Date: Sat, 2 Aug 2014 12:41:04 -0700 (PDT) From: Neal McLain <email@example.com> To: firstname.lastname@example.org. Subject: Congress Says Unlocking Cell Phones is Okay Message-ID: <email@example.com> By Mitchell Lazarus, CommLawBlog, July 29, 2014 You ask: why is this even a question? Thanks to action by Congress - something we don't get to say often, these days - it will soon once again be lawful to "unlock" your cell phone so as to use it with a different carrier. You ask: why is this even a question? Because of an earlier act of Congress - the Digital Millennium Copyright Act (DMCA), to be specific - whose Section 1201(a)(1)(a) provides that: [n]o person shall circumvent a technological measure that effectively controls access to a work protected under this title. The software in a phone is a "work protected under this title." The locking software is a "technological measure that effectively controls access" to the phone. So to "circumvent" the software by unlocking it violates the DMCA. Even a first offense, if done "willfully and for purposes of commercial advantage or private financial gain," can draw a fine of up to $500,000 plus up to five years in the federal penitentiary. Continued: http://www.commlawblog.com/2014/07/articles/cellular/congress-says-unlocking-cell-phones-is-okay/ Update: Some Cell Phone Unlocking Now Officially Legal By FHH Law, CommLawBlog, August 2, 2014 We recently reported that Congress had passed a bill designed to overrule a 2013 decision by the Librarian of Congress which severely limited the ability of cell phone owners to "unlock" (legally, at least) the software in their phones in order to move from one network to another. That bill has now been signed into law by the President, a development which FCC Chairman Wheeler promptly applauded. Source: http://www.commlawblog.com/2014/08/articles/cellular/update-some-cell-phone-unlocking-now-officially-legal/ Wheeler's applause: http://transition.fcc.gov/Daily_Releases/Daily_Business/2014/db0801/DOC-328624A1.pdf Neal McLain Posted 08/02/14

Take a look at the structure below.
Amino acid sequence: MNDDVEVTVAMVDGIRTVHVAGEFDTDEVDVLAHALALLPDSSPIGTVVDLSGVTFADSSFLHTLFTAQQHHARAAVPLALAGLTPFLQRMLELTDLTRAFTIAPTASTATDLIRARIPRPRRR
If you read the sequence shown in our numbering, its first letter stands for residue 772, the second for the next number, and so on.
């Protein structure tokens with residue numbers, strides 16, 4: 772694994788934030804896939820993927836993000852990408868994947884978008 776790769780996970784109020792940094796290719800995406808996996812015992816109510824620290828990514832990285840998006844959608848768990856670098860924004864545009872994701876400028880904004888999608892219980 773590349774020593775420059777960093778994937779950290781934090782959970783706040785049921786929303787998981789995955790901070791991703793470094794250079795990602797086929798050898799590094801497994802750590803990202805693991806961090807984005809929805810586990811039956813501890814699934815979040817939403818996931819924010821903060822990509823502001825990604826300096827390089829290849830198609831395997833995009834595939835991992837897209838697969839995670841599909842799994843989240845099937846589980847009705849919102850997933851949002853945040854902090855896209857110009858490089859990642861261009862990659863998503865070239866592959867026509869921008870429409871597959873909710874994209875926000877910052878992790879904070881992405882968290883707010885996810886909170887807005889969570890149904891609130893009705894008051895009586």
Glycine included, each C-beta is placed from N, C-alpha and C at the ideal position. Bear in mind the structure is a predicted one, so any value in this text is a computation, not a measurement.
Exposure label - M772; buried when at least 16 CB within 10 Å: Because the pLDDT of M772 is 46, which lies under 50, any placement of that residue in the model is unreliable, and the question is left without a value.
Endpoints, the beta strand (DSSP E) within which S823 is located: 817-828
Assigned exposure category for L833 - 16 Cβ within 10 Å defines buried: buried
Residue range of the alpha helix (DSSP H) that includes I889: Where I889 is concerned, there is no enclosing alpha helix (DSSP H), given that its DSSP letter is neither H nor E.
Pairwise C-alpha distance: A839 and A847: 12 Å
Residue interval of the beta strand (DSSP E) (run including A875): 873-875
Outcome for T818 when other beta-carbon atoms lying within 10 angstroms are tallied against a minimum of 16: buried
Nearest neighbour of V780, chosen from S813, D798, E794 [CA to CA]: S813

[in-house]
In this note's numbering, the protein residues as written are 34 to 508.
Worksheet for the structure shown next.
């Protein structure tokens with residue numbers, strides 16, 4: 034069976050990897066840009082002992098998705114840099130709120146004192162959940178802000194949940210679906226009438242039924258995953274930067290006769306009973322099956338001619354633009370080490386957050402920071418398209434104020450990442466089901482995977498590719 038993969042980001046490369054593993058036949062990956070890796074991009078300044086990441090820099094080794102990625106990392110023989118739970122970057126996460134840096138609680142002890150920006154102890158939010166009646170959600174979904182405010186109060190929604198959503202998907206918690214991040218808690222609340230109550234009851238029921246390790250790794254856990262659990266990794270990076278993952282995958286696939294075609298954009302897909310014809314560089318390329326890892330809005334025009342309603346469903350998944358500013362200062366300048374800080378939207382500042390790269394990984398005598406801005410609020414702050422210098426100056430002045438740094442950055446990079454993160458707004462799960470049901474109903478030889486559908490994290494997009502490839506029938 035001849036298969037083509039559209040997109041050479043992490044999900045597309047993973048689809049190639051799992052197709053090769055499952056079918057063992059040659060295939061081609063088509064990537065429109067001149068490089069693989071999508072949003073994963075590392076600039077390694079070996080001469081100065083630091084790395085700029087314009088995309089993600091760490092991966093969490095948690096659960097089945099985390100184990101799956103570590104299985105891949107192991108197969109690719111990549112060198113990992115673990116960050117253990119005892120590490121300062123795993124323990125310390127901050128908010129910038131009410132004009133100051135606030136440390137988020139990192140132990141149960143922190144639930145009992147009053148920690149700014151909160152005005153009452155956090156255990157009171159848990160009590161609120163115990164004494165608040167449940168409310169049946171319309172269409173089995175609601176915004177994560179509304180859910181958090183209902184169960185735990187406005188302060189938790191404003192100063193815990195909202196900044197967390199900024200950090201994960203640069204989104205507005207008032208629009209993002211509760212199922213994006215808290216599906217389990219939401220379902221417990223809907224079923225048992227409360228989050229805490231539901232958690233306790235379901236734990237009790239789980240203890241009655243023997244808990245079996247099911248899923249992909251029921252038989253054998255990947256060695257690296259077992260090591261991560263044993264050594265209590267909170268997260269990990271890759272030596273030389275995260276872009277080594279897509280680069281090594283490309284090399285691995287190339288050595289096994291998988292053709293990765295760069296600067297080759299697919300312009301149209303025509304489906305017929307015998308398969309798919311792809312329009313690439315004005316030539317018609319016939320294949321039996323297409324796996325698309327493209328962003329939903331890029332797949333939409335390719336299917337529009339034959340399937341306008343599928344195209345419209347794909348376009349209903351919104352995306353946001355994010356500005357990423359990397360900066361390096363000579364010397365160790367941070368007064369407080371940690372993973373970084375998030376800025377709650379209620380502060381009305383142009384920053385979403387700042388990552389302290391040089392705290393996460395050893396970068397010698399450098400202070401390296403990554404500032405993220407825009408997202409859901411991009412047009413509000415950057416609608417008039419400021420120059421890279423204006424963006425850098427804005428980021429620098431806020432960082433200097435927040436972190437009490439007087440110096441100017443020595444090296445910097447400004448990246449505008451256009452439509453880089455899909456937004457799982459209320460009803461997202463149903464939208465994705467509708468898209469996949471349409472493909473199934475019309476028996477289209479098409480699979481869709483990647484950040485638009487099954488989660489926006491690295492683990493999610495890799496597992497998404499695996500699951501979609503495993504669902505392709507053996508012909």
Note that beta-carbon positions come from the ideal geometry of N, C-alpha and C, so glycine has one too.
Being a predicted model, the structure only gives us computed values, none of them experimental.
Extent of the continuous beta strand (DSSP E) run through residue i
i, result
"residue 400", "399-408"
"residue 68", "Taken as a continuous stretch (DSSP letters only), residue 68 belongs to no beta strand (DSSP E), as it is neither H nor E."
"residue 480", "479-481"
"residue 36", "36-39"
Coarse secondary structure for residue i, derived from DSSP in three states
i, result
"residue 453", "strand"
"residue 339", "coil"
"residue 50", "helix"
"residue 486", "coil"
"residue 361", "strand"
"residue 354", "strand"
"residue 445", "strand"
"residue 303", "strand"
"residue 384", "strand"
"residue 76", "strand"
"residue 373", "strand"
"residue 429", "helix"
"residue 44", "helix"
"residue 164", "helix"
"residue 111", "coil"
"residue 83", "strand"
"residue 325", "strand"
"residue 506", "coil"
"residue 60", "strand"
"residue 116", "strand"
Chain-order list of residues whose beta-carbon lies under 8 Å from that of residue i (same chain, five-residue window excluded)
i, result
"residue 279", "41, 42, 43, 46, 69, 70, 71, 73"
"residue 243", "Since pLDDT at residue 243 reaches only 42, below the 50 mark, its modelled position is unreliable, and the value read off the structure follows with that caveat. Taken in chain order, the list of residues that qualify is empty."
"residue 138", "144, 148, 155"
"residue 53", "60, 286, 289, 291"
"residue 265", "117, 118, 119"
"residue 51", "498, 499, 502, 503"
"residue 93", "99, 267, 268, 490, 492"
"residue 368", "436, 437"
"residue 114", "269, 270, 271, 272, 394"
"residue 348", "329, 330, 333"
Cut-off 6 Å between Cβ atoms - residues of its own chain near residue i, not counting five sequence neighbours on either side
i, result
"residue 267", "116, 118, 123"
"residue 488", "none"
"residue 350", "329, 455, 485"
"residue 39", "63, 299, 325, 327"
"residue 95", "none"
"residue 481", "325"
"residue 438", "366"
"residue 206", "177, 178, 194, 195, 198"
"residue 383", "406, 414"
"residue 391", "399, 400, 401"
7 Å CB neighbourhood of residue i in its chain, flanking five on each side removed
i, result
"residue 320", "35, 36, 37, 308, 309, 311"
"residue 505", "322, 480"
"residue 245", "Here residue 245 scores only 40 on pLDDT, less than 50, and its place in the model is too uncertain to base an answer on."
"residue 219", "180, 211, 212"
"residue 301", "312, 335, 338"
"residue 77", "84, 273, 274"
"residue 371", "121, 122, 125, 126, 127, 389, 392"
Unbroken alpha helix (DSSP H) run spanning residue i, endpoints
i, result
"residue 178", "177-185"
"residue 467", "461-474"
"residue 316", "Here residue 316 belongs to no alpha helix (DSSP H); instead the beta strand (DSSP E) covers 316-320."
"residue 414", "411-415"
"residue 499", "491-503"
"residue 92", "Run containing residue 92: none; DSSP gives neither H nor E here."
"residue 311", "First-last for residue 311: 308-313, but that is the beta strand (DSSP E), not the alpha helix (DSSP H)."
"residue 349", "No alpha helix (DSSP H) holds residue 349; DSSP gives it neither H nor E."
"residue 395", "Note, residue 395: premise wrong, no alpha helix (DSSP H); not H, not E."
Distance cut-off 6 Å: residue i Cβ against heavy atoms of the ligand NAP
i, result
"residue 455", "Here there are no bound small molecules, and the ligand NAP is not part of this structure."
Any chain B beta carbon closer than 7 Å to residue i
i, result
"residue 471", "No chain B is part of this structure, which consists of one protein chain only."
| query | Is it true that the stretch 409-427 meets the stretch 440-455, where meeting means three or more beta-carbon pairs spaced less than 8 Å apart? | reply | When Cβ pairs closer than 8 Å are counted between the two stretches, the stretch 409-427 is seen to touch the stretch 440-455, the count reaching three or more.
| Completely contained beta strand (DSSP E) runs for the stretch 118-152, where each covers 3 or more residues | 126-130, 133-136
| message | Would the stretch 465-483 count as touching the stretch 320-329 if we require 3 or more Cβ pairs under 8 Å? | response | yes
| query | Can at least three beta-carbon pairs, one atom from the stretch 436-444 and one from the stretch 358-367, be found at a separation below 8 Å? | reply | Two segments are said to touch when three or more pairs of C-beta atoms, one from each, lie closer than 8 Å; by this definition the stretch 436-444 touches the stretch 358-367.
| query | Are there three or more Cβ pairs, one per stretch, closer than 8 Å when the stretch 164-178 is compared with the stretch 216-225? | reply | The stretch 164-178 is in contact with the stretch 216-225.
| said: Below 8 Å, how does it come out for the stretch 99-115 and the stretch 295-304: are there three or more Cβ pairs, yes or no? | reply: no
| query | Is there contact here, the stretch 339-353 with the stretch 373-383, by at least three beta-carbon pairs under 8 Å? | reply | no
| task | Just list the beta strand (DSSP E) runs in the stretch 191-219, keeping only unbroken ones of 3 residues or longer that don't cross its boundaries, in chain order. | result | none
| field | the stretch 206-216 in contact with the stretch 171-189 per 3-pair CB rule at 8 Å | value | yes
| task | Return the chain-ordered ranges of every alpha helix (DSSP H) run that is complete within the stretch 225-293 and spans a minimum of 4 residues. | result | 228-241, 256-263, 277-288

Date: Sat, 2 Aug 2014 20:36:48 -0700 (PDT) From: firstname.lastname@example.org To: email@example.com. Subject: History - productivity gains by the 608 (white) PBX cord switchboard? Message-ID: <firstname.lastname@example.org> Around 1960, the Bell Systen introduced its last cord PBX switchboard, the 608. The jackface and table were white, not black, and the key shelf was all pushbutton, not levers. It had several productivity features to aid operators. Among those: --automatic ringing: When the operator inserted the cord into the jack of the desired extension, ringing began automatically with an audible signal. This eliminated the need for the operator to keep throwing the ringing key in the proper cadence and to inform the caller of status. --separate awaiting-answer and disconnect supervisory signals: In older switchboards, the cord supervisory signal glowed if the extension was on hook. The operator had to track and be careful to distinguish between calls not answered, and, calls that were finished. In the 608, a steady light meant the call was done, while a slow blink meant it was awaiting answer. --automatic flashing recall: In older switchboards, an extension that needed to 'flash' the operator had to keep depressing the hookkswitch until she noticed the flashing signal and answered; it was easy to miss such a signal. In the 608, a single depression would generate a rapid blink of the supervisory signal. Question: Did the above features significantly improve operator productivity and extension service? Has anyone here operated a 608 board? The 608 could be found in both large and small installations. I recall seeing them in all the motels at a seashore resort. At the same time (1960s), the Bell System was working hard to enhance both key systems and dial PBXs. Cordless console switchboards, which became popular in the 1960s, improved operator productivity with all of the above plus fully automatic disconnection and certain other features, like camp-on. Key systems replaced the smaller PBX's, like the 507. In 1962, for instance, the Bell System announced a dial PBX specifically for motels, which included message registers to tally local calls made from a room, message-waiting signal lights for rooms, and remote answer if the desk clerk was away. *** Moderator's Note *** I always thought that "608" boards were assoicated with step PBX installations. Not so? Bill